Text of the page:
President of the Executive Board of the World Apostolate of Fatima in Africa
About a century after the death of Christ, a deacon named Euplius was tortured at Catania in Sicily, simply because he was a Christian. The dialogue between the judge and the deacon was taken down by the court stenographer, and has survived to this day. It wonderfully illustrates the Christian attitude to pain and his hope in a life beyond the grave. While he was being tortured, Euplius said: “I thank you, Christ; protect me while I suffer this pain for you”.
“Get rid of this madness, Euplius”, pleaded the judge, Calvisanius. “Adore the gods and you will be set free”.
“I adore Christ. I despise demons. Do what you will, I am a Christian...”
After long and severe torture, the judge appealed to him: “Sacrifice if you wish to be freed, worship the gods - Mars, Apollo, and Aesculapius”. “I am now sacrificing myself to Christ, who is God”, Euplius replied. There is no more that I can do. Your attempts are in vain”.
Again and again the martyr cried out:
“Thank you O Christ. Christ come to my assistance for you I am suffering this torment”.
And when his strength finally failed him, and he could no longer make any sound, he kept repeating with his lips these and other words until he died.
What was it that kept the martyr strong in his resistance against the temptation to worship false gods despite the horrible torture? It was his faith in Christ, and his (martyr's) hope of attaining eternal life. It was that kind of hope which Pope Benedict XVI in his Encyclical Letter - Saved in Hope - refers to as “redemptive hope”. In this article the writer will provide the reader with examples of men and women whose lives of courage in adversity are lights of hope for the sick and suffering in this dark world of sin.
The well-known Trappist monk writer Rev. Fr. Raymond O.C.S. produced a book which has a very special significance for those who are sick. The title of the book is “Your Hour”. It is the story of seven people who had to carry a particularly heavy cross of illness. Most of them, indeed, had to carry it through the very gates of death. The individuals described here met their destiny with fortitude and clear awareness of the tremendously important mission they were fulfilling in life. It is this sense of purpose that Fr. Raymond is anxious to instil in the hearts of all who suffer.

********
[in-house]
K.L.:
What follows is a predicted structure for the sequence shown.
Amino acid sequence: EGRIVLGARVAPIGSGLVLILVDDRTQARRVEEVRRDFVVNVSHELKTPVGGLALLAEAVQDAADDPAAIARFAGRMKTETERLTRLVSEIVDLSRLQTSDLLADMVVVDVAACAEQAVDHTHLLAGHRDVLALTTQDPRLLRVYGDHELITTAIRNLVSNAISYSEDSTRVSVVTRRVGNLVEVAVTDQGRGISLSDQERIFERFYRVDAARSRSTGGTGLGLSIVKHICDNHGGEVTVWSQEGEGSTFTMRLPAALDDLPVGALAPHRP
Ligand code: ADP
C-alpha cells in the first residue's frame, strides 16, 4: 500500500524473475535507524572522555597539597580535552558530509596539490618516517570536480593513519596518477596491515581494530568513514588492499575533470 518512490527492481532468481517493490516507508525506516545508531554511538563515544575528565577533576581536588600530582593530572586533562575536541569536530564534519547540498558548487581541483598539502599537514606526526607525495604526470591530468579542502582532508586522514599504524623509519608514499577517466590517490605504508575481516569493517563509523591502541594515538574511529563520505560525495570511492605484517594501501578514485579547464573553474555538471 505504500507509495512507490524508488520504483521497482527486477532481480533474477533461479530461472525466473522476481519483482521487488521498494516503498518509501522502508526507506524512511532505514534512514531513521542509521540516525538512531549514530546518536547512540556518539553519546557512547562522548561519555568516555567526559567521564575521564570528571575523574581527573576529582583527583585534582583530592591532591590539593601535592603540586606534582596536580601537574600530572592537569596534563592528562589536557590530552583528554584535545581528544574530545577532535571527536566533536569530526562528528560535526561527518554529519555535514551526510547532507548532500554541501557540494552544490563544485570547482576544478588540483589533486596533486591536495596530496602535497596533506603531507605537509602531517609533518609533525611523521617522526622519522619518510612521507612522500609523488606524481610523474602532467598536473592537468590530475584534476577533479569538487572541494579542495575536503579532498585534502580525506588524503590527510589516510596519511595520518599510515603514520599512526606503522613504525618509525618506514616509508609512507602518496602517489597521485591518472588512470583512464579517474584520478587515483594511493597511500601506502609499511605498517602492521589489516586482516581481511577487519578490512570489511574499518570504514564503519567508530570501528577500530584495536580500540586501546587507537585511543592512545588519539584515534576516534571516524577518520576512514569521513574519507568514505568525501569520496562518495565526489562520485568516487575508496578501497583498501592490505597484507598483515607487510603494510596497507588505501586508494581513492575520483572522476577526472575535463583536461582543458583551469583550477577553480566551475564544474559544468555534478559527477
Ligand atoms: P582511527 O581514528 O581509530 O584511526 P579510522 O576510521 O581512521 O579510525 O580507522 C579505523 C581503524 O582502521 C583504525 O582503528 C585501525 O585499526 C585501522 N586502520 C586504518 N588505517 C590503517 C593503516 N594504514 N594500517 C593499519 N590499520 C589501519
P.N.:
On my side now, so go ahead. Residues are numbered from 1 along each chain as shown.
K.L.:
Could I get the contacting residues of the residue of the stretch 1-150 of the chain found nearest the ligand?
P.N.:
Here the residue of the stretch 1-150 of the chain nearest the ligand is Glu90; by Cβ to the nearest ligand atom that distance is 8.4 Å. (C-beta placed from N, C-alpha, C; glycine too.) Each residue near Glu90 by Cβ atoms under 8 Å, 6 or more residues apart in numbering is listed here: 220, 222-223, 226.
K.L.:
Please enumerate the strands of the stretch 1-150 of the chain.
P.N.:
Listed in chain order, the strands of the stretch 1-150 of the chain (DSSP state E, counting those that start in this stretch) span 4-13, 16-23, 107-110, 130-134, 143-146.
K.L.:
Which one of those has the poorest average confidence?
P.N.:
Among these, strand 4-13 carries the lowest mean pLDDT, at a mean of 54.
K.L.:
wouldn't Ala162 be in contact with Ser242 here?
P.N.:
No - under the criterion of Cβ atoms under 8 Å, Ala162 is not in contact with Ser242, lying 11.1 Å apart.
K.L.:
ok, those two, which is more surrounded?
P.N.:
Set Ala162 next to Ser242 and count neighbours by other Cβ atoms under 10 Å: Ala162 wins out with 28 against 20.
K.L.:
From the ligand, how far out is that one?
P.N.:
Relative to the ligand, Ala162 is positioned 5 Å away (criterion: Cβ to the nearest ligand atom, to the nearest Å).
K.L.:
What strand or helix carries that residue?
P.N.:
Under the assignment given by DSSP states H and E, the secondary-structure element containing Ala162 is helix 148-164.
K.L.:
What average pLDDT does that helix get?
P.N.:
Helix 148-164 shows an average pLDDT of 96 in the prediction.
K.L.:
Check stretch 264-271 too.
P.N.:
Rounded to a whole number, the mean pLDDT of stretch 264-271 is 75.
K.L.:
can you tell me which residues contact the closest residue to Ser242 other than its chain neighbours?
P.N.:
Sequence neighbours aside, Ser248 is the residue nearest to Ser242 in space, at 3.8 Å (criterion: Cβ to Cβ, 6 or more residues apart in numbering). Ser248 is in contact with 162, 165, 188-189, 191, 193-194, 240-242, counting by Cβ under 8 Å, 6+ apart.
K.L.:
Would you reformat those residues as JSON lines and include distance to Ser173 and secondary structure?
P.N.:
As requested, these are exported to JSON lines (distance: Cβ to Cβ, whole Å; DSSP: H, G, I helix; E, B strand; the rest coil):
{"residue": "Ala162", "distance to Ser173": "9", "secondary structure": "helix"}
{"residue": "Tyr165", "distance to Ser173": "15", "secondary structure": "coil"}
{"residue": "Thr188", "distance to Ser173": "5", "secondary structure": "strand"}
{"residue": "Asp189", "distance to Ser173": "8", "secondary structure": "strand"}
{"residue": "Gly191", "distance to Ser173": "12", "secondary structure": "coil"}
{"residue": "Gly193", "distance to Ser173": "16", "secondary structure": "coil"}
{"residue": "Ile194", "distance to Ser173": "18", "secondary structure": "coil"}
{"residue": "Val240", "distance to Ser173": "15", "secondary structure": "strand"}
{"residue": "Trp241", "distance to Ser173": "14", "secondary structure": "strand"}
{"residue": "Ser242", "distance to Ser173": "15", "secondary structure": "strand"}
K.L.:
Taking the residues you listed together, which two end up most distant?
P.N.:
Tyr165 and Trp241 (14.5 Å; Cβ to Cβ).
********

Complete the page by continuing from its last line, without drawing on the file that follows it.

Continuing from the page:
The striking thing about the people in this book is that their ailments were incurable, and they knew it. Rev. Fr. Carl Miller, a Jesuit missionary for 22 years in India was brought back to the United States suffering from cancer of the pancreas. Shortly before he died he could confide to a friend: “My best work for India began when I arrived at St. Joseph's Infirmary”.
Joan Gasser was a student nurse in a large city hospital who suddenly became the victim of the fatal Hodgkin's disease. She was fully aware of her condition; yet she could tell a friend with a smile: “I feel as if I were just coming alive”.
John Leonard was the hard-working father of nine children suddenly prostrated by spinal bulbar polio, and destined to spend the next and last eight years of his life gasping for breath in an iron lung, yet never losing his deep trust in God. Here also is the story of how a truly Christian family reacted to the birth of a mongoloid child. Here is the account of a busy pastor, the victim of inoperable cancer, who each day said this prayer:
“Most Holy Trinity, I thank you for the pain of the past, I love you for the pain of the present Please send me such pain in the future as will make you loved by myself and others. Help me to mean what I say”.
The last chapter in the book is concerned with Mary Ellen Kelly, of Marcus Iowa, who died May 9, 1961. For years she was the victim of rheumatoid arthritis, completely dependent on others, yet she organized a solidarity for bed-ridden patients and reached an ever widening audience by her writing until the day she died.
Lozano Garrido (1920-1971), a Spanish Journalist spent 28 years in a wheelchair. He entered the Catholic Action group when he was 11 years old. During the Spanish civil war, he distributed Holy Communion to the imprisoned. His long illness began in 1942 and just one year afterward, he began to need a wheelchair. Twenty years later, nearly 10 years before his death he lost his sight.
From his wheelchair, with progressive paralysis affecting more and more of his body, he became a recognized writer and journalist. His professional life led to many publications, including reports to the Associated Press and nine books on spirituality. When his right hand became paralyzed, he learned to write with his left, and when that hand too lost movement he would dictate his words. He died in 1971. In 2008, Pope Benedict XVI approved the decree of heroic virtue attributed to him.
Unfortunately, there are many who regard any form of physical suffering as an absolute evil. They have forgotten that suffering is the inheritance of the children of Adam. All the apostles, the martyrs and the saints have taught us by their lives that we cannot live in the love of Christ without suffering. “Unless a grain of wheat falls into the earth and dies, it remains only a single grain; but if it dies it yields a rich harvest” (Jn. 12:24).
Throughout the history of the Church from the time of the Roman persecutions until the present, Christians have been called upon to suffer and die for their faith. All the apostles except John the beloved Apostle suffered martyrdom. The martyrdom of the apostles and their contemporaries is a proof of the historic reality of the Gospel story. For the apostles were willing to attest in their blood what they had seen, what they had heard and what they believed.